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A World United? A Look at the History of the United Nations

Peace, security, and friendship – A brief history of the United Nations.

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Since the end of the Second World War, the United Nations has always maintained a lofty objective of international peace and stability. Despite this benevolent goal, the UN has become one of the most controversial global organizations on the planet.

What Is the United Nations?

Following the First World War, the League of Nations was formed to settle conflicts between nations. U.S. President Woodrow Wilson formed the international diplomatic entity in January 1920. Despite its 26-year existence, it was considered a failure because it lacked unanimity and the presence of significant powers, such as Germany, Italy, Japan, and the United States. It folded in April 1946.

But global players refused to concede diplomatic defeat, forming another group that turned out to be successful in the sense that it still stands today and is the go-to institution to resolve disputes worldwide.

The UN’s path to existence started in January 1942 when representatives of 26 nations at war with the Axis power convened in Washington, D.C. Officials signed the Declaration of the United Nations endorsing the Atlantic Charter. This was a pledge to maximize their resources against the Axis powers (Germany, Italy, and Japan). A year later, the Quebec Conference was held, where leaders drafted a declaration that demanded “a general international organization, based on the principle sovereign equality of all nations.” They also created various task-oriented extensions, like the Food and Agricultural Organization (FAO), the International Monetary Fund (IMF), and the World Bank.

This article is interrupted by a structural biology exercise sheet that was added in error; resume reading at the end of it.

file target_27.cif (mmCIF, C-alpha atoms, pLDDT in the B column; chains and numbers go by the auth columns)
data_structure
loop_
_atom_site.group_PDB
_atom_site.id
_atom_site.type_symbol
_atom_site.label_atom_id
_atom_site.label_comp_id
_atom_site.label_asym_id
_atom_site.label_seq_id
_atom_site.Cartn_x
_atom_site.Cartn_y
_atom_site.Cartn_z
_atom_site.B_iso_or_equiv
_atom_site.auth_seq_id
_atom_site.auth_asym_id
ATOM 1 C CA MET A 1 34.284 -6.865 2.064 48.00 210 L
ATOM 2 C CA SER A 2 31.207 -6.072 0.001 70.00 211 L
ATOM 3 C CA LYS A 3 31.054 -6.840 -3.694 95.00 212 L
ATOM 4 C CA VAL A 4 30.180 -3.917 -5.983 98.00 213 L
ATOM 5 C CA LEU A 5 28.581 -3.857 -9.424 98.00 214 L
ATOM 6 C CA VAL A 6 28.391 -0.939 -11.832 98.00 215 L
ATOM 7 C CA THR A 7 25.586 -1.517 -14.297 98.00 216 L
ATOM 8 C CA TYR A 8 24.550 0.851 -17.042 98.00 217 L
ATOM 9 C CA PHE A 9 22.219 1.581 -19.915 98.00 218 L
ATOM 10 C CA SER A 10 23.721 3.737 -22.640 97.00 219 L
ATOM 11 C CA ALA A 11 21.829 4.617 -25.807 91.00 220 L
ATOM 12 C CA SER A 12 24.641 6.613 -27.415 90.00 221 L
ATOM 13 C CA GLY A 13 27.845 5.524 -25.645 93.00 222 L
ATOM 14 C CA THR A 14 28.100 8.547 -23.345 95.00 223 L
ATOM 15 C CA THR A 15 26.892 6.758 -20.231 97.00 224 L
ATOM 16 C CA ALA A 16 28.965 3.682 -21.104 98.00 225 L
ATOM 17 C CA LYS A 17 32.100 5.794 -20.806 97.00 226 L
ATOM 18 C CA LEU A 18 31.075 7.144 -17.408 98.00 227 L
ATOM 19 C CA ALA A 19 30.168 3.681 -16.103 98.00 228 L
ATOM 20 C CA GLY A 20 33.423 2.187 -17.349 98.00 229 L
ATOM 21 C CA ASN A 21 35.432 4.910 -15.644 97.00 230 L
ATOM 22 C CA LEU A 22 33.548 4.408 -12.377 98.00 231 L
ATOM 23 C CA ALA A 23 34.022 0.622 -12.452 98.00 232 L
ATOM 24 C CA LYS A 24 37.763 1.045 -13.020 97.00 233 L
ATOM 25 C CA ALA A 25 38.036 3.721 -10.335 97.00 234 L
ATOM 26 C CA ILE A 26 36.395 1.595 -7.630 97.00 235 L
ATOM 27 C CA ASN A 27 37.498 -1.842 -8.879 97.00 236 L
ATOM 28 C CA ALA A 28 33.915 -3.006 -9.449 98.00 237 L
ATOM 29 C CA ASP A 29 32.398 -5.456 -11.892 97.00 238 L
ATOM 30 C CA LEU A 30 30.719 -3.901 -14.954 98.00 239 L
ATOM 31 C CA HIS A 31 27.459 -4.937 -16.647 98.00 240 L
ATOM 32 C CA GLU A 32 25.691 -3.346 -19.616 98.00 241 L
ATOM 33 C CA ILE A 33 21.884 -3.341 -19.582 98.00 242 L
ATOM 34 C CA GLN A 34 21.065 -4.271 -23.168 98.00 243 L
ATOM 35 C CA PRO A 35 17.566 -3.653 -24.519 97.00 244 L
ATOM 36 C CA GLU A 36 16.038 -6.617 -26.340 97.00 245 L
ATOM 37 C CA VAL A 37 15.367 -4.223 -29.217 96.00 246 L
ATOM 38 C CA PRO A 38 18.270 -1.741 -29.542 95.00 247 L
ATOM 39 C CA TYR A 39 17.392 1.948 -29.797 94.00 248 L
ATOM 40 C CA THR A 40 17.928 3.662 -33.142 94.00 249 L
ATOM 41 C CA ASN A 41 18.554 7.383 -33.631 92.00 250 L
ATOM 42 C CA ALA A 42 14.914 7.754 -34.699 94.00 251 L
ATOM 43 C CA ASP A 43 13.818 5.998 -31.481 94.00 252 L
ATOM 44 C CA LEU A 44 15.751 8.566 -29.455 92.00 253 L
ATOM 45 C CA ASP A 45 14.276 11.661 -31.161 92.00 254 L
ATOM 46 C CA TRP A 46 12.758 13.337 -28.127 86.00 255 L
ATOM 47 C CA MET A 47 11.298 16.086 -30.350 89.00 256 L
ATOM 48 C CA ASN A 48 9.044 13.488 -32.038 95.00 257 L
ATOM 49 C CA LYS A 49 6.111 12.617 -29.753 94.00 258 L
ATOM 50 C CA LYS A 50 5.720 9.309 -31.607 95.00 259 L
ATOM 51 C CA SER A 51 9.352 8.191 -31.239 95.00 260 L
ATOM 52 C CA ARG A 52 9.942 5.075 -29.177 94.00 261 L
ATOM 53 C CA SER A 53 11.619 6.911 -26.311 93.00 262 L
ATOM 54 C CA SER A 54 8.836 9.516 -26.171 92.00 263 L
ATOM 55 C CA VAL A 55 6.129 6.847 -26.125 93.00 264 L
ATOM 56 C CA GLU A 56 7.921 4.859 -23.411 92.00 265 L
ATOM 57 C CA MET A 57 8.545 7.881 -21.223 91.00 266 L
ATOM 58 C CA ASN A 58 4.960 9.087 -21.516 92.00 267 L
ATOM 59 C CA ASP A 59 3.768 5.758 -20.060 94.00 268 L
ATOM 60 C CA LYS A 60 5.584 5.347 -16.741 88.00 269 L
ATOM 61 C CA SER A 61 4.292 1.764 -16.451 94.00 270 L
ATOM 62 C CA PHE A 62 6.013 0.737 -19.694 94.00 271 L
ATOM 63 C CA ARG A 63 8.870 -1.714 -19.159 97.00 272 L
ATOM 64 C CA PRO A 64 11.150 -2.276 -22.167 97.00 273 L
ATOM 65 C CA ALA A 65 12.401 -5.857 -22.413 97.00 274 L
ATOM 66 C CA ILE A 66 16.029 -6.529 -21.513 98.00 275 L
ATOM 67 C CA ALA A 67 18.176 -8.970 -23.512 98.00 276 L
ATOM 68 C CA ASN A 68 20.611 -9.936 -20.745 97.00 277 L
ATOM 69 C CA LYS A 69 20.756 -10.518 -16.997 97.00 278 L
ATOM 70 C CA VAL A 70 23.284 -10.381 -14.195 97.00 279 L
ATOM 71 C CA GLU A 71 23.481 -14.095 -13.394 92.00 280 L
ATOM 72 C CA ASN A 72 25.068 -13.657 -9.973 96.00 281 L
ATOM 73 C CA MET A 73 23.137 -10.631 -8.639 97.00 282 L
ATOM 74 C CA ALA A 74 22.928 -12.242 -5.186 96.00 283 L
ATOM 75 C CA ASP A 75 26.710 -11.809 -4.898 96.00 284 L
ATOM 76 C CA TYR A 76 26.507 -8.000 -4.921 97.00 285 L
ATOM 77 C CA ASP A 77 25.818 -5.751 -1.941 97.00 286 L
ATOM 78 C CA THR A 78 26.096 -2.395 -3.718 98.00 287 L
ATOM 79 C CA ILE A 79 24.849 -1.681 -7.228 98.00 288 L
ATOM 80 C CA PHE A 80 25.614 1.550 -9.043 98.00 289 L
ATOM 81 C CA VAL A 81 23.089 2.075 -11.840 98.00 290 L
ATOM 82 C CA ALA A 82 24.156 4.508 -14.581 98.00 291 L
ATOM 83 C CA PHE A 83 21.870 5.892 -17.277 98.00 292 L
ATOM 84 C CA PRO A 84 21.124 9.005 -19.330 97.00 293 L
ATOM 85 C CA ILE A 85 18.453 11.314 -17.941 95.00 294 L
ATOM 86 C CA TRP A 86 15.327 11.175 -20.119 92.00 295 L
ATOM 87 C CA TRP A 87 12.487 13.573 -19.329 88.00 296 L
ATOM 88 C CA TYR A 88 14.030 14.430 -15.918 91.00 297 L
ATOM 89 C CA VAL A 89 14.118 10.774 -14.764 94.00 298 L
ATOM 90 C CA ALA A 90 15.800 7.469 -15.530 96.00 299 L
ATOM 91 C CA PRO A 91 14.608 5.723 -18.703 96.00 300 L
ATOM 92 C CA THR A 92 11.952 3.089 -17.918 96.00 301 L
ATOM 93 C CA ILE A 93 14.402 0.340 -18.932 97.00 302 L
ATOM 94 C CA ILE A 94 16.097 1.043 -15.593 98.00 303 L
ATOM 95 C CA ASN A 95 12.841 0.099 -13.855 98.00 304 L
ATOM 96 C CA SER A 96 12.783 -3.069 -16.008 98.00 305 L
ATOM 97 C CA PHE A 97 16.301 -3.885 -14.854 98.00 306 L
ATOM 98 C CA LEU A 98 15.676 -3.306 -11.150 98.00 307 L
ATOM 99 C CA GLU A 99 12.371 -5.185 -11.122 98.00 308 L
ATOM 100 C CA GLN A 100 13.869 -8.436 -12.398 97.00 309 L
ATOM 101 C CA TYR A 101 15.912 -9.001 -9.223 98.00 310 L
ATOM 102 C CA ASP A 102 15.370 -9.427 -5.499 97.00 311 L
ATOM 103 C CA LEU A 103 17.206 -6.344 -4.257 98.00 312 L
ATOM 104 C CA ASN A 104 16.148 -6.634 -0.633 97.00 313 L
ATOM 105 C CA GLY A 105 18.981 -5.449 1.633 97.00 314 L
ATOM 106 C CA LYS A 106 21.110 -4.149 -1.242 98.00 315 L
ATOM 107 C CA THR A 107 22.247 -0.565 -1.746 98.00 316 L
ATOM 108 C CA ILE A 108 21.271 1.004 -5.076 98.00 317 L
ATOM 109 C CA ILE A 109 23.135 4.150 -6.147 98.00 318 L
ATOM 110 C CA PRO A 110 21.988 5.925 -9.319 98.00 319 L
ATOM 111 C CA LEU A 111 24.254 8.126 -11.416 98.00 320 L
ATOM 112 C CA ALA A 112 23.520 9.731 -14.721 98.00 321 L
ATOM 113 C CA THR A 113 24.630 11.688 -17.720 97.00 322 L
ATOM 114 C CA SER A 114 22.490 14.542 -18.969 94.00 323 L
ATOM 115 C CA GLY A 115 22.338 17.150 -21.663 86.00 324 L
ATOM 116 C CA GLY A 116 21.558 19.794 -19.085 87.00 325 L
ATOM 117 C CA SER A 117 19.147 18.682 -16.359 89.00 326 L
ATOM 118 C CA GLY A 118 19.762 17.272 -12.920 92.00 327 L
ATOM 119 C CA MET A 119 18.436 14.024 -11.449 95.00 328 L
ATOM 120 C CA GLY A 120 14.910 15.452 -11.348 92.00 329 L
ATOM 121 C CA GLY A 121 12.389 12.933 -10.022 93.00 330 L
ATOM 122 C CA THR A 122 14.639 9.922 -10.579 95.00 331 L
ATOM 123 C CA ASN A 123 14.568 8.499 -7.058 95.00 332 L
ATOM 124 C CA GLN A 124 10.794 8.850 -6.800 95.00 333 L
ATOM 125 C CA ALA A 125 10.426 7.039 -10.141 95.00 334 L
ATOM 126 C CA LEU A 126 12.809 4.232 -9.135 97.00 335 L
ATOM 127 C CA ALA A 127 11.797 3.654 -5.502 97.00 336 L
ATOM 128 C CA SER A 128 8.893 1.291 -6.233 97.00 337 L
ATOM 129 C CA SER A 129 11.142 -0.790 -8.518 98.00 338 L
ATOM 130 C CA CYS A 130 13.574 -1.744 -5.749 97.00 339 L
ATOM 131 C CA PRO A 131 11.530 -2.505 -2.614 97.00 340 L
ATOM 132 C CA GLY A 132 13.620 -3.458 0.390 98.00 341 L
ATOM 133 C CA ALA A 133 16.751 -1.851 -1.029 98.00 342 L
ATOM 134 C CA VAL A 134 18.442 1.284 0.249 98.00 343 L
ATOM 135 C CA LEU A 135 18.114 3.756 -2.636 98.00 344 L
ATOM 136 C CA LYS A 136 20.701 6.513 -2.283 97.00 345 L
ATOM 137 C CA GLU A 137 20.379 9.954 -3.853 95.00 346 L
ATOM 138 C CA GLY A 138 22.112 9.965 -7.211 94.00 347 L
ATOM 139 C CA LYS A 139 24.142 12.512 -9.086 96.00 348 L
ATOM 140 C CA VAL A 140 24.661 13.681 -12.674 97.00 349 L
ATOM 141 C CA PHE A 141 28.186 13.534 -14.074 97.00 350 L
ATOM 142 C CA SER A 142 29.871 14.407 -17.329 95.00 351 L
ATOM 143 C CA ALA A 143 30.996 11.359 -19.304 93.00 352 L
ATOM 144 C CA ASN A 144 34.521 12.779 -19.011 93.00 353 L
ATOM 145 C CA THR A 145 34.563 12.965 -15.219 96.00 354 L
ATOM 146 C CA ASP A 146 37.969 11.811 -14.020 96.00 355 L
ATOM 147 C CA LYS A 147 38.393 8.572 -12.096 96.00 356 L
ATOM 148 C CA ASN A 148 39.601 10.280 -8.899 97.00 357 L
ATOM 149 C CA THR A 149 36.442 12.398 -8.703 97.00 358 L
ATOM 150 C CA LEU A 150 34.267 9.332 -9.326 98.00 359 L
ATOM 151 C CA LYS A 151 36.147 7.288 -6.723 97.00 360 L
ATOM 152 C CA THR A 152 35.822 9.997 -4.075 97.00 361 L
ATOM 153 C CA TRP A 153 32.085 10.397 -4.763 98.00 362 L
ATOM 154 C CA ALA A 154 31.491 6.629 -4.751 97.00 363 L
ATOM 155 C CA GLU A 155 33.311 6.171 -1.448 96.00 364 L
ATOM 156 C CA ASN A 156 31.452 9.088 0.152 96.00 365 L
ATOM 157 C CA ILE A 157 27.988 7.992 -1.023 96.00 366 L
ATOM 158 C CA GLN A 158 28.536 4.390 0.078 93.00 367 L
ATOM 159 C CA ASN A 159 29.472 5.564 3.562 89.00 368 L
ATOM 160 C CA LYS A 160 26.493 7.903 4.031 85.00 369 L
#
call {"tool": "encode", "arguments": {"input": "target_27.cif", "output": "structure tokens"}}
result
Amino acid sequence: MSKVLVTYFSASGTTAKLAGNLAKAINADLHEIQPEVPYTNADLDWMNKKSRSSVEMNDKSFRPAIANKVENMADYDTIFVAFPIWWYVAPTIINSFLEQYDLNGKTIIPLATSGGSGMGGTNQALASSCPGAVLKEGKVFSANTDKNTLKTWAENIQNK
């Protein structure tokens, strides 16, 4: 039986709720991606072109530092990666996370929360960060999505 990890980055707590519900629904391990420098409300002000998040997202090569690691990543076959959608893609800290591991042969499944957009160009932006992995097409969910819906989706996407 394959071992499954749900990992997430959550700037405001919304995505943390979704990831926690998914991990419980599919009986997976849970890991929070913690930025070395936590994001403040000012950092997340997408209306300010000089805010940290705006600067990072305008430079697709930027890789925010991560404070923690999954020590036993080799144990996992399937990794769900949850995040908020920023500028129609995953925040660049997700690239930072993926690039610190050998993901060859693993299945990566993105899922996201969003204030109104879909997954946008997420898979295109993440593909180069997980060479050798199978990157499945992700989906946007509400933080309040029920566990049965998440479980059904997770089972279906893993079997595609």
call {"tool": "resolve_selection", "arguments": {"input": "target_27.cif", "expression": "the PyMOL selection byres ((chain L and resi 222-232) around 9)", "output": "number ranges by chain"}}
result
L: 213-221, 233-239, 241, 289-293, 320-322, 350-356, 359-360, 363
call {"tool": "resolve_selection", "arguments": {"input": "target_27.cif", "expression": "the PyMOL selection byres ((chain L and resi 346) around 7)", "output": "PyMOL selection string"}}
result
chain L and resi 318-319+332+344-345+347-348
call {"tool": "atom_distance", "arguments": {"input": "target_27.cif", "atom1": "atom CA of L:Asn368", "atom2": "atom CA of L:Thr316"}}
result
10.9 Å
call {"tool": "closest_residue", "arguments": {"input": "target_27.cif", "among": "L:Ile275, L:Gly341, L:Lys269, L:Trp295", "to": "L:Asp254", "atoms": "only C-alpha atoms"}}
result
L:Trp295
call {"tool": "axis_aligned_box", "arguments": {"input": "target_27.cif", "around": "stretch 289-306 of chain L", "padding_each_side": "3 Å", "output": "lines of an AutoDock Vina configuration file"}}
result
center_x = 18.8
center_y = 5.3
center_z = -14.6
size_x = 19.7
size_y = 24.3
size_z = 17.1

In June 1945, the United Nations was officially established as an intergovernmental organization in the aftermath of the Second World War. Leaders worldwide had wanted to erect an entity to avoid the consequences of global conflict and maintain the peace that had been secured after the war. Three nations had taken the lead to get the UN started: the U.S., the United Kingdom, and Russia.

Representatives from 50 nations convened in San Francisco to draw up the United Nations Charter that went into effect in October 1945. The Charter begins:

“We the peoples of the United Nations determined to save succeeding generations from the scourge of war, which twice in our lifetime has brought untold sorrow to mankind; and to reaffirm faith in fundamental human rights, in the dignity and worth of the human person, in the equal rights of men and women and of nations large and small; and to establish conditions under which justice and respect for the obligations arising from treaties and other sources of international law can be maintained; and to promote social progress and better standards of life in larger freedom.”

Today, the UN is headquartered in New York City with 193 members and two observer states. It maintains an International Court of Justice, as well as dozens of specialized agencies, funds, and programs. In addition to the IMF and the World Bank, the UN also runs the International Bank for Reconstruction and Development (IBRD), the World Health Organization (WHO), and the International Labor Organization (ILO).